One hangover from the ultraliberal 1980s (during which the New Economy emerged from the wreck of " Keynesian economics ") is the myth or pious belief in so-called ‘supply side solutions’. The myth itself, however, was built on the real world, realpolitik process of first destroying demand.
Starting next week, shoppers and motorists will have to brace themselves for early closing times at department stores and petrol stations, as the government implements its latest set of energy-saving measures.
The plan involves three interacting strategies. One is a subsidy switch, in which industrial countries would eliminate government subsidies for fossil fuels and establish equivalent subsidies for renewable, non-carbon energy technologies. Another is a clean energy transfer fund, which entails creating a pool of money on the order of $300 billion a year to provide renewable energy technologies to developing countries. The last one is a progressively more stringent fossil fuel efficiency standard that rises by 5% per year; its adoption, perhaps within the Kyoto framework, could be complemented with the emissions trading mechanism to help nations meet it.
FARMERS in Pembrokeshire have launched a co-operative to produce, market and supply biofuels.
Amid predictions of long-term price hikes, the Gallop Government is already moving to reduce Western Australia's dependence on oil, according to Planning and Infrastructure Minister Alannah MacTiernan.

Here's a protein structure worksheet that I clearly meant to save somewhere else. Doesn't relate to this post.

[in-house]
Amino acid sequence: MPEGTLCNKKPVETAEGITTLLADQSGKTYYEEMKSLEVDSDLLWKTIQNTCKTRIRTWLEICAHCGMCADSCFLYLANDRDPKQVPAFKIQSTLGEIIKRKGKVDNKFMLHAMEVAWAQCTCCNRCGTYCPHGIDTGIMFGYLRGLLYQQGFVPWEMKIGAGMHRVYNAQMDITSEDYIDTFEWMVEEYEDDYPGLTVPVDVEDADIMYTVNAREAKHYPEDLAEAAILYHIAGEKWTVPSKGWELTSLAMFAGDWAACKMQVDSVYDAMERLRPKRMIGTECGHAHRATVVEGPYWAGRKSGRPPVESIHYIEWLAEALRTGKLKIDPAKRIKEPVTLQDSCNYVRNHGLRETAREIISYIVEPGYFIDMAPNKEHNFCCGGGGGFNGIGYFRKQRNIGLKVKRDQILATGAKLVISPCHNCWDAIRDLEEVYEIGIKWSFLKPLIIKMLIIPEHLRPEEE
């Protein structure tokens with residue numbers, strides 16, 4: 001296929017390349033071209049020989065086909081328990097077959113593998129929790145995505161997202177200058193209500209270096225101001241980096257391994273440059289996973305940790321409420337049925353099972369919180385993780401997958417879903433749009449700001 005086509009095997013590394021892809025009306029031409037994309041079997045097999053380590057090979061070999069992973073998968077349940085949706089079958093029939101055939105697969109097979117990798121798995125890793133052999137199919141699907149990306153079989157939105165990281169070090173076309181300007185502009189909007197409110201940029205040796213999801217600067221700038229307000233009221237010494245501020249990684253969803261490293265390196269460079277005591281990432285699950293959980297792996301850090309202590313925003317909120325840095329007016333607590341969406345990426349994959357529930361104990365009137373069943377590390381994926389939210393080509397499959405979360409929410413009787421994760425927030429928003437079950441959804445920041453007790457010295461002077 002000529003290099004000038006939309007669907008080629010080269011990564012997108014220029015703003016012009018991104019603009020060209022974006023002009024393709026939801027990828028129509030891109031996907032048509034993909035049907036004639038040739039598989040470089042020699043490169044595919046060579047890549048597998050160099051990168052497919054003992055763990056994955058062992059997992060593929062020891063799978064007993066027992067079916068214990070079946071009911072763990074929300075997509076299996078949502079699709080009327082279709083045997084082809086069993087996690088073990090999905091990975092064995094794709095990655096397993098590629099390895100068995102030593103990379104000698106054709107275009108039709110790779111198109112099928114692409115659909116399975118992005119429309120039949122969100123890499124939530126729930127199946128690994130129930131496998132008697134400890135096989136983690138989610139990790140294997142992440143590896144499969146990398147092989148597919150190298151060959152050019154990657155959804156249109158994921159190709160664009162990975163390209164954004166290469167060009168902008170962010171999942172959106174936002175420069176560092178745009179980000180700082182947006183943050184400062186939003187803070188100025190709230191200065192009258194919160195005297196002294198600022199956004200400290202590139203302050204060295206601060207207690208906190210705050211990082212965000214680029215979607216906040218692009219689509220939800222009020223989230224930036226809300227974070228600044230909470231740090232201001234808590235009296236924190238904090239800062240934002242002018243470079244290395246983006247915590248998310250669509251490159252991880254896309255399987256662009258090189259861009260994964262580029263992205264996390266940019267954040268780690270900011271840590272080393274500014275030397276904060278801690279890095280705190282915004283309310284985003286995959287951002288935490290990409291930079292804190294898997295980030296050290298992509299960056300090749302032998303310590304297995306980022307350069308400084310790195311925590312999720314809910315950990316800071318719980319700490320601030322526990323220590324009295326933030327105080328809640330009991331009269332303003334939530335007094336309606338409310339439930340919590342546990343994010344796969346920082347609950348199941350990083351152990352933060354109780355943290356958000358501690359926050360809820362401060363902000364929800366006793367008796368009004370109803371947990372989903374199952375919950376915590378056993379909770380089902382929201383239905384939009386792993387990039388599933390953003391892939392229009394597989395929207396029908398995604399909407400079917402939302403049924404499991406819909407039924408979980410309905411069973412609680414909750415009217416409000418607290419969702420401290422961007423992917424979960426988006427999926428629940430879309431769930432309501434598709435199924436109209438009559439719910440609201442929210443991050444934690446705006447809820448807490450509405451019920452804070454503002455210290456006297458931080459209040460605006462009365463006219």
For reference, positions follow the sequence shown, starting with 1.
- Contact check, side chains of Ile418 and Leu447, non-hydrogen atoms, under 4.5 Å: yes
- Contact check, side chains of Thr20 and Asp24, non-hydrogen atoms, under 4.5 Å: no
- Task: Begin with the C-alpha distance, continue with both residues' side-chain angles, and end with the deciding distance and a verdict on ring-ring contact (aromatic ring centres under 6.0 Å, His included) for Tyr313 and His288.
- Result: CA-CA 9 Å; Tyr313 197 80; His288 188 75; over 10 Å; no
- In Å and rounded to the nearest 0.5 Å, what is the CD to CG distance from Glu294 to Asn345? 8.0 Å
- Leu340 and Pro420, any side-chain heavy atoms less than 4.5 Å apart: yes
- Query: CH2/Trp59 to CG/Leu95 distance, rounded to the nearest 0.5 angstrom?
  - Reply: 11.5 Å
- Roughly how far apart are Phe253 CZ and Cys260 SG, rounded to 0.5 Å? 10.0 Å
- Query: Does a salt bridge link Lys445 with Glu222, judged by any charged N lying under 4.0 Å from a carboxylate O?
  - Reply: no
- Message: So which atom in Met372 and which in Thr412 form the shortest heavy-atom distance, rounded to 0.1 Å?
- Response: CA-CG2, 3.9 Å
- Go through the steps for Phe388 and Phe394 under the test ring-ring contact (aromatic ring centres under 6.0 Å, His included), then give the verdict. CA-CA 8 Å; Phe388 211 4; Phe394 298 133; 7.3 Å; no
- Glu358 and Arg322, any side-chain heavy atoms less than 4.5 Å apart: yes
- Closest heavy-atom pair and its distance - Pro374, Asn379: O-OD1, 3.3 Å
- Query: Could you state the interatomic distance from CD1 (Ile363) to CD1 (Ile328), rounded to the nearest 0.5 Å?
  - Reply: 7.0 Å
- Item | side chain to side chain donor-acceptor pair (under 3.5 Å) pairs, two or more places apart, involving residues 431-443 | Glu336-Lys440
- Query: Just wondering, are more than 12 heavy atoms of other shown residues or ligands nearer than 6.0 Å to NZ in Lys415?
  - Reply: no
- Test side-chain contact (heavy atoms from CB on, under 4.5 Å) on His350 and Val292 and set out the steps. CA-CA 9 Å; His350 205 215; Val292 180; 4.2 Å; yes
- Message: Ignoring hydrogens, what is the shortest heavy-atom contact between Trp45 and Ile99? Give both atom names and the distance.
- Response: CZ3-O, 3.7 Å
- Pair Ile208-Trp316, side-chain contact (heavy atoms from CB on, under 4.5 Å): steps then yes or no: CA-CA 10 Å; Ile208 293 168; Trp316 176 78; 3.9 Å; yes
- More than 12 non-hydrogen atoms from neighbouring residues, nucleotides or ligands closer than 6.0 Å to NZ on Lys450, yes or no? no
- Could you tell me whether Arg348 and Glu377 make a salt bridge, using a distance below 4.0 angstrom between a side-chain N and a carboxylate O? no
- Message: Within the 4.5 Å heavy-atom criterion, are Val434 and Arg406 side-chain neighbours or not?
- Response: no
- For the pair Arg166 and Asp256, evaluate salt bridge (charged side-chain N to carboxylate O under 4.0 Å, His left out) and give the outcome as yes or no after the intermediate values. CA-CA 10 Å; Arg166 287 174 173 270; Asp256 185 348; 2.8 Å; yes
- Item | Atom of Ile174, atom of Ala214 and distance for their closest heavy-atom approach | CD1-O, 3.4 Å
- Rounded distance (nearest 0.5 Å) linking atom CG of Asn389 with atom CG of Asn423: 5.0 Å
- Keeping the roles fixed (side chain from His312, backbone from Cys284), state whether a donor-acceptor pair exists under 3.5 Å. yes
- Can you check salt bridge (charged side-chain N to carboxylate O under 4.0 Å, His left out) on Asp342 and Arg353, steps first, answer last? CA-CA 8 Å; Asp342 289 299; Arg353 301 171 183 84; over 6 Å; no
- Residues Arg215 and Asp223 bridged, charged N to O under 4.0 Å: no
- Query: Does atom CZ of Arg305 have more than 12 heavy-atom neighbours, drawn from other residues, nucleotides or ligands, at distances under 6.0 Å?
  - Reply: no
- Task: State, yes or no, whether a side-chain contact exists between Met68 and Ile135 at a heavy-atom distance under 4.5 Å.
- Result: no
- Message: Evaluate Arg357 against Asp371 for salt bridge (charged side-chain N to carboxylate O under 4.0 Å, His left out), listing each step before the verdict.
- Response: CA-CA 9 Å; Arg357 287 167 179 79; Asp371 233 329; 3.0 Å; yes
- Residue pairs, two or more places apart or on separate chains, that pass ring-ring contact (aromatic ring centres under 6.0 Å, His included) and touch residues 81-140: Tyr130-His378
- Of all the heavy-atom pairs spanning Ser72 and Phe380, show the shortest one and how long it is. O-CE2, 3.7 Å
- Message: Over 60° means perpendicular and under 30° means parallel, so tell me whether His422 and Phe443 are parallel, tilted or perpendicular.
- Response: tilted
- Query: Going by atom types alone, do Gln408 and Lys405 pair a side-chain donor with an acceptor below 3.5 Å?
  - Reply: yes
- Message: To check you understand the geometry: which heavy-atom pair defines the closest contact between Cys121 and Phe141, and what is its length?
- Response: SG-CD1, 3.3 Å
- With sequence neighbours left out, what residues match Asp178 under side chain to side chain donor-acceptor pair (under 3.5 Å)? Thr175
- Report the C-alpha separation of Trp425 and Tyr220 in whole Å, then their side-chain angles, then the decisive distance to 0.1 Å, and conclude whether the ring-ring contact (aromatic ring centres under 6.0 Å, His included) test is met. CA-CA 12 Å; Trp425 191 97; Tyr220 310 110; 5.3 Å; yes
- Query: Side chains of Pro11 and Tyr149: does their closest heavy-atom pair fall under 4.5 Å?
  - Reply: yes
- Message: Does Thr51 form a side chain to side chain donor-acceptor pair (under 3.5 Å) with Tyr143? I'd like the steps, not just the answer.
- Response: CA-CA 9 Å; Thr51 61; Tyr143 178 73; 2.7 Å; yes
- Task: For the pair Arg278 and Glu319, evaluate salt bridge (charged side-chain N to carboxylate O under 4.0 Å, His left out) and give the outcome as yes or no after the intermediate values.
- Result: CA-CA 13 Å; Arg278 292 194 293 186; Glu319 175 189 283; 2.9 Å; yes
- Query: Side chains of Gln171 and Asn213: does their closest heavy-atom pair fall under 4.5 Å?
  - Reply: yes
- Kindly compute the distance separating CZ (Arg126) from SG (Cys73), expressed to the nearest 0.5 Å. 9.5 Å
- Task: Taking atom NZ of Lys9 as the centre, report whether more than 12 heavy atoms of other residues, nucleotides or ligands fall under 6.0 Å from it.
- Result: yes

"Powerdown" is a strategy that will require tremendous effort and economic sacrifice in order to reduce per-capita resource usage in wealthy countries, develop alternative energy sources, distribute resources more equitably, and reduce the human population humanely but systematically over time.
Do we really need to embark upon another risky technological fix to solve the mistakes of a previous one? Instead, we should be looking for solutions that are based on ecological and biological principles and have significantly fewer environmental costs.
Even the most productive sustainable systems imaginable would never sustain large-scale cities, a global economy, and Western material affluence even if all the conventional energy conservation strategies were to be adopted. This is a bitter pill to swallow for Westerners raised on the notion of material progress.
Caryl Johnston argues that the Rare Earth Hypothesis is indispensable to the development of an ethic of stewardship in an era of energy descent.